Woodturners took a page out of the lumber industry playbook for drying their bowl blanks. If you can speed up drying lumber, why not a bowl blank. Turners have been building/repurposing equipment to create drying kilns for some time.
The trick to incorporating this method is not to dry the bowl blanks too quickly. As with the previous methods, controlling the moisture loss to equilibrium is a balancing act. Too slow and you'll grow old waiting as well as mold can grow on the blanks. Too fast and the blanks run the risk of cracking.
A quick Internet search will yield a plethora of ideas, videos and "professionals". I've tried to pick more authoritative sources for reliable ideas.
This first exchange is from the American Association of Woodturners. The original poster inquired about a shop made kiln. The responses were from experienced turners and they offered good advice/ideas.
Following along with this post, led me to Cindy Drozda's site and her instructions on a drying kiln-
Another woodturning organization- The Baltimore Woodturners- wrote this article on how one of their members built/modified his kild-
All of the preceding ideas are based around drying a lot of bowls. Not every turner (myself included) needs to process a dozen or more bowls at one time. For me, I needed to find something that could dry a few small bowls (5" to 6" in diameter) or maybe 1 or 2 medium to large bowls. Rick Morris (aka Rick Turns) came up with a space saving idea using readily available materials. His kiln idea can be set up to dry a bowl(s) and then disassembled when done. With my small shop, this idea was really appealing.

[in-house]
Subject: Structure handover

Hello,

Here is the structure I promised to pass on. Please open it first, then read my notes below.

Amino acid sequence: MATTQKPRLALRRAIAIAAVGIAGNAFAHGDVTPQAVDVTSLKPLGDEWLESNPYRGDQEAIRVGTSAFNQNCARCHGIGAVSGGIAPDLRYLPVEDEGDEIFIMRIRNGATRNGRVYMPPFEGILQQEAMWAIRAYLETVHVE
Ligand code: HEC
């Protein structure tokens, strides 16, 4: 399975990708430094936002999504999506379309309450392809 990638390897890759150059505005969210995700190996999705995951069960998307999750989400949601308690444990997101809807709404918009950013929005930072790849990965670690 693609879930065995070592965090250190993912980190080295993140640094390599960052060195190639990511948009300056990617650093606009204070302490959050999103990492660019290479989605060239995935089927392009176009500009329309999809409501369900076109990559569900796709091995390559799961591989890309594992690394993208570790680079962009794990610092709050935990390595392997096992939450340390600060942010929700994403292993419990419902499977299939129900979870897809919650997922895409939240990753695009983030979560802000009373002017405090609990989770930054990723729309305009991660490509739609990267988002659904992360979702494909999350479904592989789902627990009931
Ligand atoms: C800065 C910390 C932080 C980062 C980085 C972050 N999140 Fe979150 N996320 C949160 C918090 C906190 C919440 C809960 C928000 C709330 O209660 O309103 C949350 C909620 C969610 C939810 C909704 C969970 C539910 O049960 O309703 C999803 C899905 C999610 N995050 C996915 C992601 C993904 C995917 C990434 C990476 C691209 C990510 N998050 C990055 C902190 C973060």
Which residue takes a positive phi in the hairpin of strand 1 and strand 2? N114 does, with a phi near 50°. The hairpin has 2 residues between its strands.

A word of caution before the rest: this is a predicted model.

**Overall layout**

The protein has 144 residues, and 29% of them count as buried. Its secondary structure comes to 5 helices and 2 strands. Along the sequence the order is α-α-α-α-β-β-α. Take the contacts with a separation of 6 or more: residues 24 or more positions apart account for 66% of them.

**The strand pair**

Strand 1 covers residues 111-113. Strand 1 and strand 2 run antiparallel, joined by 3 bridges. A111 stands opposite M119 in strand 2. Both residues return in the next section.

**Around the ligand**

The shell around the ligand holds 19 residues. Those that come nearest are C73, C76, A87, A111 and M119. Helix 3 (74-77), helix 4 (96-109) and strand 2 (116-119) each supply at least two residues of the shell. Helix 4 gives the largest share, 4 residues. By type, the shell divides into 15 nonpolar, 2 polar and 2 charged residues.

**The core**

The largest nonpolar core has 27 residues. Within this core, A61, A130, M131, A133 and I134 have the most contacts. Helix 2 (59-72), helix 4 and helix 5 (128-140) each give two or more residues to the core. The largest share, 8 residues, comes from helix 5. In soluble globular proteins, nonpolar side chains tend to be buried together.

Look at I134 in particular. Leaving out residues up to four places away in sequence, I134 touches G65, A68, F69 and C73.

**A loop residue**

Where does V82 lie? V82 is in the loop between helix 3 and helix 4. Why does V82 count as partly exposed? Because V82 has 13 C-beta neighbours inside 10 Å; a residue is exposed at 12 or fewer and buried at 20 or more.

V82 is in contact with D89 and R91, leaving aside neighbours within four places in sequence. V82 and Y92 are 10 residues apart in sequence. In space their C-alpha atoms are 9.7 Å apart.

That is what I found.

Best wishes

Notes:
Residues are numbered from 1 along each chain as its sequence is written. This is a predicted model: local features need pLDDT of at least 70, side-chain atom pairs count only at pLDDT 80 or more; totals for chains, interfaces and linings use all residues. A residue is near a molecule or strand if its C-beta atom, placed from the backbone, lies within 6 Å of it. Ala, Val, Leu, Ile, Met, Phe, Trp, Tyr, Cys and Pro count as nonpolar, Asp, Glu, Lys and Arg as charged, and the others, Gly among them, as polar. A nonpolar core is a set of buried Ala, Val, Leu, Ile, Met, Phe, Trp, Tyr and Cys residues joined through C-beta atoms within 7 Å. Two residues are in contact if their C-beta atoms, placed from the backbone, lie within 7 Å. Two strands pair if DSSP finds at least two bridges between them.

Rick's video goes shows how he made his kiln/drying box-
Never one to let well enough alone, I had to add my twist to what Rick did. If the entire heat/air mechanism could be incorporated into one unit, storing it would be easier and I might not forget where I put all of the pieces.
I used Sketchup to design a one piece unit
To hold the unit snuggly to the card board box, there are a couple of long sheet metal screws that pierce the box and grab the cardboard. Some foam rubber, self sticking, air barrier tape makes a pretty good seal. I had to experiment with the bulb size to prevent the temperature from going too high. So far this is a workable idea. The Sketchup model is available to anyone who wants it.
Kilns work by applying heat to the outside of the wood and migrating to the inside. What if we applied the heat to the inside and allowed it to migrate out? A turner, somewhere, thought- "the microwave heats like that!" Placing the rough blank in the microwave for a few minutes at a time can be used to drive out the moisture. This turner suffered severe injuries when his wife returned home and found him in her kitchen. If you decide to use this method- buy your own microwave!
Again, I've tried to find reputable sources for ideas and tips. The first 2 are from the AAW and contain additional links to more information-
This video, from Kent Weakley, describes the process and provides a bunch of tips
Another method of applying heat is to use a dehydrator. With the proper temperature settings this can also be a viable drying procedure
Next up we'll look at some not so traditional methods of drying
Edited by lew